June 04, 2013

The Books of Midway

71 years ago the US Navy won the greatest victory at sea, perhaps ever.  It will come as no surprise to most of my readers that I've been fascinated by the Battle of Midway for years.  Last night, I realized that I had no plans for the annual June 4th post, so my eyes headed to The Shelf.  Perhaps one of the books there could give me an idea... and then I realized that the idea was staring me in the face.

Click to embiggify.
Not all of these books are excellent, of course.  There's really two categories of Midway books: those heavily influenced by Mitsuo Fuchida's Midway: The Battle That Doomed Japan, and those that aren't.  It's that second group where you get the real meat.  All four of the books on the top row fall into that rarefied strata... which is not to say that the above picture has the books in any sort of order!  They're just positioned to fit in the picture.

Even the books from the first category, such as Gordon Prange's Miracle at Midway, have substantial value.  Ironically, the weakest book of the bunch is the very first: Fuchida's.  It has been made clear through ongoing research, both here and in Japan, that he played fast and loose with the truth.  Well, that's unfortunate, but the truth appears to have come out. 

I haven't completed Dallas Isom's book, so I can't say what I think of it yet.  What I've read has managed to furrow my brow a few times... not always in a good way, it must be said.  It's certainly been worth the $4.95 I spent on it, though. 

Of course, I forgot to put my newest addition in the picture... it's sitting on my dining room table.  I haven't read it yet; it's going to be my business trip reading in a couple of weeks.

I wonder if any other single battle has generated as many books as Midway has?  D-Day, probably, but that isn't really a single battle, is it?  The Battle of Britain, likely... except that was less a battle and more of a campaign.  Maybe Stalingrad... but probably not.

And that's how it should be.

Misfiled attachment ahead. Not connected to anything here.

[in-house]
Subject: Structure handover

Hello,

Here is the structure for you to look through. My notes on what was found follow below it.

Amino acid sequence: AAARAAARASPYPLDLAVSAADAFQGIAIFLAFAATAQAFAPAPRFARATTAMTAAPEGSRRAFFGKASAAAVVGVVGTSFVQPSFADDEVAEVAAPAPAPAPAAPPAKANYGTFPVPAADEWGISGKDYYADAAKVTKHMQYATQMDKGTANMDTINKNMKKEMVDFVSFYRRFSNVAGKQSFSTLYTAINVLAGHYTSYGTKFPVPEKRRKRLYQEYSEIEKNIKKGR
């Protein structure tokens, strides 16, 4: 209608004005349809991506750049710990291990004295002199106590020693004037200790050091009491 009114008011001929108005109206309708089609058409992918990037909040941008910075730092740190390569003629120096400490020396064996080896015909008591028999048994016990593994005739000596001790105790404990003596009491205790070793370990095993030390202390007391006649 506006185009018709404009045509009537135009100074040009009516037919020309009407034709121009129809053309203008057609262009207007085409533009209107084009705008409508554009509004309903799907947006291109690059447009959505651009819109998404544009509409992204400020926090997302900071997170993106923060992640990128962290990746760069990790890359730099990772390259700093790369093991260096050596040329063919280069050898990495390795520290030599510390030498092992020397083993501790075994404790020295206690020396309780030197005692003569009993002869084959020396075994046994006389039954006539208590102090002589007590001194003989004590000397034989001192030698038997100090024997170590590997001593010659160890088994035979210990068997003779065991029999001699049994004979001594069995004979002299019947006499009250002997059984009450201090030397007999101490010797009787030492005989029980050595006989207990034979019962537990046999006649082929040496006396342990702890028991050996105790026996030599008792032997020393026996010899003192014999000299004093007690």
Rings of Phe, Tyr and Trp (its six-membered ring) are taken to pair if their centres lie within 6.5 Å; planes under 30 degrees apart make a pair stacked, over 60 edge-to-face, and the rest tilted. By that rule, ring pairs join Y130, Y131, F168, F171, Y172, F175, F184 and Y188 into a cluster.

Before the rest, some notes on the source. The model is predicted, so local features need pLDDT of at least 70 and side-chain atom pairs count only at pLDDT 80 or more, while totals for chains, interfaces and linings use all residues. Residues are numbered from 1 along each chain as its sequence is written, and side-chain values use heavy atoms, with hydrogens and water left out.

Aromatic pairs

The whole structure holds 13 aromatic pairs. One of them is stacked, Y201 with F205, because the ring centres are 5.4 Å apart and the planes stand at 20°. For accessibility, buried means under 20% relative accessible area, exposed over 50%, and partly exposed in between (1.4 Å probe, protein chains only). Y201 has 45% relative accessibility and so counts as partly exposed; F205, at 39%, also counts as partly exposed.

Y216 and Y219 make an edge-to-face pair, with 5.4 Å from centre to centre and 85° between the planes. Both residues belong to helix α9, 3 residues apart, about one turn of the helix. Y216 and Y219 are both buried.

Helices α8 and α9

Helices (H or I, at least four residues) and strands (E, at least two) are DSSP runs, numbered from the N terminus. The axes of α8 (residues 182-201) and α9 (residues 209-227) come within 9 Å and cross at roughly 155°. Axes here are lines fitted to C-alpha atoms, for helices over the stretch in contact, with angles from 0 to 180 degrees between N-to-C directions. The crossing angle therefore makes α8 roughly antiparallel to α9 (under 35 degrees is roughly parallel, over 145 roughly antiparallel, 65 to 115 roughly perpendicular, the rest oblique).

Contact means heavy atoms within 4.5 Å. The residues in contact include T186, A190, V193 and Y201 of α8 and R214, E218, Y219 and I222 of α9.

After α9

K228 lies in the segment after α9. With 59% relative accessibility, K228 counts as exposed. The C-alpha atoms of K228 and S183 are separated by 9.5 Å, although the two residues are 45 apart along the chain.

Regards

Posted by: Wonderduck at 07:14 PM | Comments (7) | Add Comment
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 It appears a big reason why Mitsuo Fuchida has been such a major influence on both accounts of both Midway and Pearl Harbor was because he deliver his accounts in English direct to the US audience.

I do think Stalingrad has generated more books than Midway, but Stalingrad might be regarded as a campaign as well, if you look beyond the battle for the city.  The main difference is that most of the books on Stalingrad are published in either German or Russian, which can skew the number.

Posted by: cxt217 at June 04, 2013 07:48 PM (El3Kr)

2 Do you have any idea how many books have been written about Waterloo? (And most of them were wrong!)

Posted by: Steven Den Beste at June 05, 2013 06:55 AM (+rSRq)

3 Amazon US search results in the "Books" section:

Gettysburg 7539 (2043 probable valid, in "Military History")
Antietam 1743 (651 probable valid, in "Military History")
Waterloo 6051 (473 probable valid, in "Military History")
Midway 2443 (230 probable valid, in "Military History")
Stalingrad 1399 (476 probable valid, in "Military History")
D-Day 212351 (9666 probable valid, in "Military History")
Dien Bien Phu 2623 (850 probable valid, in "Military History")

I think D-Day takes it, with Gettysburg a distant second.

Posted by: Mitch H. at June 05, 2013 07:59 AM (jwKxK)

4 I can well believe that Gettysburg gets a great deal of attention, because there's just so much to talk about. Few battles were as long, and as complex, and as important, and as close.

Posted by: Steven Den Beste at June 05, 2013 03:03 PM (+rSRq)

5 But the real question is how many historical fiction books. And how many romances. Waterloo and Gettysburg are way, way ahead.

Midway is really, really not going to win the romance category, unless we start having American magical girl historical romance as a major subgenre. It's got a chance with historical fiction and what-if sf, though.

Posted by: Suburbanbanshee at June 06, 2013 10:33 PM (cvXSV)

6 Dien Bien Phu might have a lock on the romance category, given that the French fortified positions were named after the commander's many mistresses...

Posted by: Mitch H. at June 07, 2013 07:08 AM (jwKxK)


 Dien Bien Phu might have a lock on the romance category, given that the French fortified positions were named after the commander's many mistresses...

And like most romantic legends, probably false.

Posted by: cxt217 at June 07, 2013 10:49 AM (XnzqV)

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